from Wiktionary, Creative Commons Attribution/Share-Alike License

  • adj. of a purity suitable for the manufacture of weapons

from WordNet 3.0 Copyright 2006 by Princeton University. All rights reserved.

  • adj. of a quality adequate for use in weapons (especially in weapons of mass destruction)
  • adj. extremely strong or concentrated or durable


Sorry, no etymologies found.


  • Bulk lasers are much closer to weaponization: the Navy's tested them at "hundreds of kilowatts" - weapons-grade, in other words.

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  • We had laid down a red line that if they started reprocessing nuclear fuel for weapons-grade material, it would not be tolerated, for it would mean they were a rogue nation with the threat of nuclear weapons.

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  • If we are serious about stopping the spread of these weapons, then we should put an end to the dedicated production of weapons-grade materials that create them.

    Think Progress » Analysis: Strong Carbon Cap Would Cut Iran’s Petrodollars By Over $100 Million A Day

  • In an analysis this month for the Nonproliferation Policy Education Center, Rand scholar Gregory S. Jones writes that even in the absence of a clandestine nuclear program, Iran can now produce a weapon's worth 20 kilograms of HEU weapons-grade uranium any time it wishes.

    Iran Nuclear Progress Report

  • George W. Bush's administration introduced a plan in 2006 to globally ban the production of weapons-grade nuclear materials, but the U.S. has faced stiff resistance from countries such as Pakistan.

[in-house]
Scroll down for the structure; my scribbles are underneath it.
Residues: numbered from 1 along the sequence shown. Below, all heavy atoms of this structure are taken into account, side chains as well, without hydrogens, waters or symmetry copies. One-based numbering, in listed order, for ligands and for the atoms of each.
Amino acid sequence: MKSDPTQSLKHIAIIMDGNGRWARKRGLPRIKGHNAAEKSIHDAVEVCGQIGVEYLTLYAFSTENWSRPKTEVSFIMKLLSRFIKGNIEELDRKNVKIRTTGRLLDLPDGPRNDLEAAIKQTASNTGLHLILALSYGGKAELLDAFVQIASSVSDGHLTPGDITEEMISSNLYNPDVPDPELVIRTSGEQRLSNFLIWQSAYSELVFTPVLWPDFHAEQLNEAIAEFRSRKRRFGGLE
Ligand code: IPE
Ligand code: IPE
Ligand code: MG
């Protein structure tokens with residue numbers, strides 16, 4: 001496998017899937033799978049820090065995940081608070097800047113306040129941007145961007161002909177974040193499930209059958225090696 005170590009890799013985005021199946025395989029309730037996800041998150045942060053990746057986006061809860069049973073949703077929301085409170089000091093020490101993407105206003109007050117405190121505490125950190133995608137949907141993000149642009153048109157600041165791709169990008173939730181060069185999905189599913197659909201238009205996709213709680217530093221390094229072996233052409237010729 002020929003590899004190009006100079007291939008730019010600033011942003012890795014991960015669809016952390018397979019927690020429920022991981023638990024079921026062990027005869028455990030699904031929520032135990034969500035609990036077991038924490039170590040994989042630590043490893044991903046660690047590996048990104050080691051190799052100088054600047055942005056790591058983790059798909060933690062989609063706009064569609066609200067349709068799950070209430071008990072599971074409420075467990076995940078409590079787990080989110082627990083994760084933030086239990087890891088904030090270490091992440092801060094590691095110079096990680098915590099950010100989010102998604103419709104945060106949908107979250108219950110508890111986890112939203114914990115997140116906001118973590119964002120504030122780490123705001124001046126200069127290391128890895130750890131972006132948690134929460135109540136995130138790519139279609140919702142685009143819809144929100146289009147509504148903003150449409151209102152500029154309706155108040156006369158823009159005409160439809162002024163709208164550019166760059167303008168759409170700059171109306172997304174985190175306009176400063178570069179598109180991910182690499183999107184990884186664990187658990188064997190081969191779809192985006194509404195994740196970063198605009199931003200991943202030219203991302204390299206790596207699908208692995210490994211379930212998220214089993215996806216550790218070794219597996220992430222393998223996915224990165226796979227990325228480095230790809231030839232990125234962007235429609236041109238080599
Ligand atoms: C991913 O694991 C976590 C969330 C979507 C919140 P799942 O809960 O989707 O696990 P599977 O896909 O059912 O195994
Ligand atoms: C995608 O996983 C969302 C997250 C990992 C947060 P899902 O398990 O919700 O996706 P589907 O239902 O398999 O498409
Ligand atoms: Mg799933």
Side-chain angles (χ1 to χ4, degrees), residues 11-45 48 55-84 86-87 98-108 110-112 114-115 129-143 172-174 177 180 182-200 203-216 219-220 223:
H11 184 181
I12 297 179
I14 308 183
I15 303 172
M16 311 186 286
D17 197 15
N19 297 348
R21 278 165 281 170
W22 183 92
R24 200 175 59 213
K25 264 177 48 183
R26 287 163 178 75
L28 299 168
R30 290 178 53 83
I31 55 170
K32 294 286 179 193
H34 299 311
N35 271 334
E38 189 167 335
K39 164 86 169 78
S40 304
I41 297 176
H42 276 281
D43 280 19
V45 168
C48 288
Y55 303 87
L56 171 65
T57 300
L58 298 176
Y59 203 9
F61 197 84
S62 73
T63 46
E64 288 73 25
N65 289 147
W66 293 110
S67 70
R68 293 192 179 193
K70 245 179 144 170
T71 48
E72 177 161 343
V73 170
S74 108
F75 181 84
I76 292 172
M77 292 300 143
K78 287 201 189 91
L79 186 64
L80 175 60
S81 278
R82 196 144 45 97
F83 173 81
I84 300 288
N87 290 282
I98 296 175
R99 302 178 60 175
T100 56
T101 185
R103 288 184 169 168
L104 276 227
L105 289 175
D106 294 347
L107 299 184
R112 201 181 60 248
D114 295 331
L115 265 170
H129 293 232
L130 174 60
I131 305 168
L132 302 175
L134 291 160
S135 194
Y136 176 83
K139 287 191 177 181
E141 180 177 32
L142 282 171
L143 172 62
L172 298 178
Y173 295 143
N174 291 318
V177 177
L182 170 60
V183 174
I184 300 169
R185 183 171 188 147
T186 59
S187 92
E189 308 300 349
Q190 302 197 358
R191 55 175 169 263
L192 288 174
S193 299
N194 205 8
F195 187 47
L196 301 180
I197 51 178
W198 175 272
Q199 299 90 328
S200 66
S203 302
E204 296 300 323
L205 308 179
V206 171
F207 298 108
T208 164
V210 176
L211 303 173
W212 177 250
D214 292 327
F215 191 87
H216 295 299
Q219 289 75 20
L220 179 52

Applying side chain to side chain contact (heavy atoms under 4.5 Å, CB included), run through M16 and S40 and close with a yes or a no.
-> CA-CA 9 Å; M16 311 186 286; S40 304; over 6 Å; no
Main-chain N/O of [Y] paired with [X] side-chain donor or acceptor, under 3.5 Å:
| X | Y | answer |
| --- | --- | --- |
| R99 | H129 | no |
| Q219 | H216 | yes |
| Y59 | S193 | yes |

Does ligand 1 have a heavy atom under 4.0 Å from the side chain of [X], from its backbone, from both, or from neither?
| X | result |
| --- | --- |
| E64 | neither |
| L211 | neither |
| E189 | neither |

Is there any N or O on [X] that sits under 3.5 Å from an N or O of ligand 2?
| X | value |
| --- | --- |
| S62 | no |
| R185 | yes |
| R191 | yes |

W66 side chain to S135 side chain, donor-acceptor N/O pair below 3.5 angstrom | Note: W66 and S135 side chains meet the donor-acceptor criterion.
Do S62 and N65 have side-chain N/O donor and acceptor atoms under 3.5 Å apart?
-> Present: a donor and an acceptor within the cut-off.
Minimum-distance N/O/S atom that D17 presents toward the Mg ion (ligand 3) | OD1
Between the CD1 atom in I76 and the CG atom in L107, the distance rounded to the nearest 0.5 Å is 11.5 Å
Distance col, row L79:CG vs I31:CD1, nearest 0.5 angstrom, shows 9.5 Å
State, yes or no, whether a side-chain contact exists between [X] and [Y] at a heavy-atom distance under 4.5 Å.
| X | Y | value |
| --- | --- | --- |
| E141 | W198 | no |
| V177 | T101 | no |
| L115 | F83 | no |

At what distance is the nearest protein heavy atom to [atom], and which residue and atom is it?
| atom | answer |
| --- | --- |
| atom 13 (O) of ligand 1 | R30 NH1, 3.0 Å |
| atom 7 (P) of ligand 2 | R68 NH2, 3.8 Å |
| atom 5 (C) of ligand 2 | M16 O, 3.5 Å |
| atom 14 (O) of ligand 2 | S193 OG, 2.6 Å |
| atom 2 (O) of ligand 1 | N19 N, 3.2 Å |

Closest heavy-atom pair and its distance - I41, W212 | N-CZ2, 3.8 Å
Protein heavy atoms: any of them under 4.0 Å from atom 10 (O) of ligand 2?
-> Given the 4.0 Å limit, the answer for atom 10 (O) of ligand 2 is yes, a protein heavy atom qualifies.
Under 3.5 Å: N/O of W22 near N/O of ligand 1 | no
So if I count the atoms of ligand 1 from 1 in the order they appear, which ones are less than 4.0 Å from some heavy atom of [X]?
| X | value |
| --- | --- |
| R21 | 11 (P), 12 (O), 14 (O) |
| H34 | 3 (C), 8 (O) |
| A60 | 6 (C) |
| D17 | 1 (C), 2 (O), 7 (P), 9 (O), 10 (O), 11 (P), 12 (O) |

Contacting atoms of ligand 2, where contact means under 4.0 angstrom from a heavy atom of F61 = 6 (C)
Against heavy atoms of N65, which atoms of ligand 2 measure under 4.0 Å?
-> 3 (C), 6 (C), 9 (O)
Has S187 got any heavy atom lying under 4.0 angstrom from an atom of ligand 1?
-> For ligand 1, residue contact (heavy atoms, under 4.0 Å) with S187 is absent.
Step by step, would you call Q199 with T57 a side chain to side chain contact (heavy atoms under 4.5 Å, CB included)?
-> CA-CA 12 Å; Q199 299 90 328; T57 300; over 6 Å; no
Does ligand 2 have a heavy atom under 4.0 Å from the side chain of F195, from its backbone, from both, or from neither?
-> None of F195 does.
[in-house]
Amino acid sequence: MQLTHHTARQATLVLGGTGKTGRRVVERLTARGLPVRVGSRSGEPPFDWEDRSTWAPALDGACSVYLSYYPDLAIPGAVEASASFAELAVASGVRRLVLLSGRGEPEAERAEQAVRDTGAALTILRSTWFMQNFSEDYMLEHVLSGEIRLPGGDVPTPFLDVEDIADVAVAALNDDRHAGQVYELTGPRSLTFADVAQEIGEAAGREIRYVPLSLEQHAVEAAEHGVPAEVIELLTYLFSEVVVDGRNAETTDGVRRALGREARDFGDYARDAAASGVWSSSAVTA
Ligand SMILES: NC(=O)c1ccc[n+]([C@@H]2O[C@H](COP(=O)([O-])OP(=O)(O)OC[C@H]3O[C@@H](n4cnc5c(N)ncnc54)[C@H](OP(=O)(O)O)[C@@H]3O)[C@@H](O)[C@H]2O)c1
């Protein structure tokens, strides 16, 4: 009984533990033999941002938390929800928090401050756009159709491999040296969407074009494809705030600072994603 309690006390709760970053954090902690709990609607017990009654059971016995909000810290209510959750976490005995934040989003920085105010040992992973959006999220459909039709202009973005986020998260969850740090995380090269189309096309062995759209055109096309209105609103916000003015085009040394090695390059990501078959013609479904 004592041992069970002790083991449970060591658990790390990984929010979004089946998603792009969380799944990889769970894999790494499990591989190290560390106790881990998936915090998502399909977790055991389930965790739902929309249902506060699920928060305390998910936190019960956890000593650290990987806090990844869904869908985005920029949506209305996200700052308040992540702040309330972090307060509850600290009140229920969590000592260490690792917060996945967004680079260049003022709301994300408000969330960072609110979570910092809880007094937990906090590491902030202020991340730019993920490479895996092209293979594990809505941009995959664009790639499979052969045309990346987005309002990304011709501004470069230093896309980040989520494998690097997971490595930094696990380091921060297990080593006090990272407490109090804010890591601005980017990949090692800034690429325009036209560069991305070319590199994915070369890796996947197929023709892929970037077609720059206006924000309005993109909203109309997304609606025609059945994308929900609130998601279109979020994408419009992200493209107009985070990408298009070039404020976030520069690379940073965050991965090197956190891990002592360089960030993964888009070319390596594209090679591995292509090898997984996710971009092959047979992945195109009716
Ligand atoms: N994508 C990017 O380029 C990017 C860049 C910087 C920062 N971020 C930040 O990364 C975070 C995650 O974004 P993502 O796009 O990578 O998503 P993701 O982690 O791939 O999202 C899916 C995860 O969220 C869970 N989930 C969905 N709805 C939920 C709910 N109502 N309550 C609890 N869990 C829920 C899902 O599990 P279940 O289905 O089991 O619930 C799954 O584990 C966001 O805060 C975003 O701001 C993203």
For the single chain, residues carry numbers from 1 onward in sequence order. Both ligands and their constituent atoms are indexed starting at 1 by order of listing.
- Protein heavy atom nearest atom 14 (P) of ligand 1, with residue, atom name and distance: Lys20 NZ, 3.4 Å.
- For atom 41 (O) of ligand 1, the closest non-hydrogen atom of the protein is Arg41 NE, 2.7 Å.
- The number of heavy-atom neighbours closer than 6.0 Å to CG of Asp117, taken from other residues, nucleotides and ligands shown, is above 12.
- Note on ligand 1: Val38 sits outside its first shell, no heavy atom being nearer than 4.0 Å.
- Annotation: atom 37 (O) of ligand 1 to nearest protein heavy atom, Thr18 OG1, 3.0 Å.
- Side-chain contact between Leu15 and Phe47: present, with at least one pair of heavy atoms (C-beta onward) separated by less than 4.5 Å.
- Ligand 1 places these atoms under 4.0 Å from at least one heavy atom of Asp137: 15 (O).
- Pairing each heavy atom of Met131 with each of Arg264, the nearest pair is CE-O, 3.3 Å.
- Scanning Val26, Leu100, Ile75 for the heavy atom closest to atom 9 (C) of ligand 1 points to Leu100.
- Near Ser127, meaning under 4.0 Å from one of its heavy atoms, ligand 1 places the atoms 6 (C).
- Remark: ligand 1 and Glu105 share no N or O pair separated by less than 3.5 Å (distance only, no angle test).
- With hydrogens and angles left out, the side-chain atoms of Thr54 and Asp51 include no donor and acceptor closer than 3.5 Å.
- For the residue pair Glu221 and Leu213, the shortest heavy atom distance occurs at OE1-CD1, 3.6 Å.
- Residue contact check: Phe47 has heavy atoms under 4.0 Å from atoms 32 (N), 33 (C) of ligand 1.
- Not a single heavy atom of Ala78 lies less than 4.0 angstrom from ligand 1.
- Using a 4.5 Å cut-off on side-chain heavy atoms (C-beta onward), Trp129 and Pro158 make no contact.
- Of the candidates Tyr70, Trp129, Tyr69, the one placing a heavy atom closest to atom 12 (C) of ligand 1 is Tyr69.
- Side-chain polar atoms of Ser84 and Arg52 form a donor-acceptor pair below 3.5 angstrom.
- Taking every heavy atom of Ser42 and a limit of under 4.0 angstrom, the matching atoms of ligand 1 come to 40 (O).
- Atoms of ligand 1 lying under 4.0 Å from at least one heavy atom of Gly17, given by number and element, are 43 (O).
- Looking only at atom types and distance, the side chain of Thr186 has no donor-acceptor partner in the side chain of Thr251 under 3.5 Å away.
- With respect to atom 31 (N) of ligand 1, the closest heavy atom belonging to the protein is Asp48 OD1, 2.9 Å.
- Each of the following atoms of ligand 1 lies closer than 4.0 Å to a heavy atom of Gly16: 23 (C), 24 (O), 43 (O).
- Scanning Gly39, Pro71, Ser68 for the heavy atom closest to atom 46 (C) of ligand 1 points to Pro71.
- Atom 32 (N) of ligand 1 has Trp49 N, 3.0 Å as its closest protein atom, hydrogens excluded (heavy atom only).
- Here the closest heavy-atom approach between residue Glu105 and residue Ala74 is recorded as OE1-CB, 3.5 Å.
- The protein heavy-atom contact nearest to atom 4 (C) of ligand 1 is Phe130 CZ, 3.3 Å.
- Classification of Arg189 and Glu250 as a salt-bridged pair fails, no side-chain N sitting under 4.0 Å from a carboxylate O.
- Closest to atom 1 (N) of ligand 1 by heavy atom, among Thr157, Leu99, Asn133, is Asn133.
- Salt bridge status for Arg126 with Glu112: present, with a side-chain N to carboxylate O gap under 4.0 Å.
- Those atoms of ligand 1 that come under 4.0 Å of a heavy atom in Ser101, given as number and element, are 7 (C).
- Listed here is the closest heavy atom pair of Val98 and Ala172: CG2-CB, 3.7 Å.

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  • Bushehr is not among the West's main worries because safeguards are in place to ensure that spent fuel is not available for conversion into weapons-grade uranium.

    Iran to Open Nuclear Sites to Diplomats, But No Americans Invited

  • It ordered the destruction of 103 pages of the records that were judged the most dangerous—the PAB weapons designs and specific instructions for enriching uranium to weapons-grade levels and constructing the hemispheres for a nuclear device.


  • This raised the possibility that Iran was producing enriched weapons-grade uranium at an undisclosed facility.


  • Countries like Germany and Japan already had the means to produce weapons-grade uranium if they chose to do so.


  • Before the first component was manufactured, Tinner was sure that the centrifuges emerging from his factory would never enrich uranium to the weapons-grade requirements of an atomic bomb.



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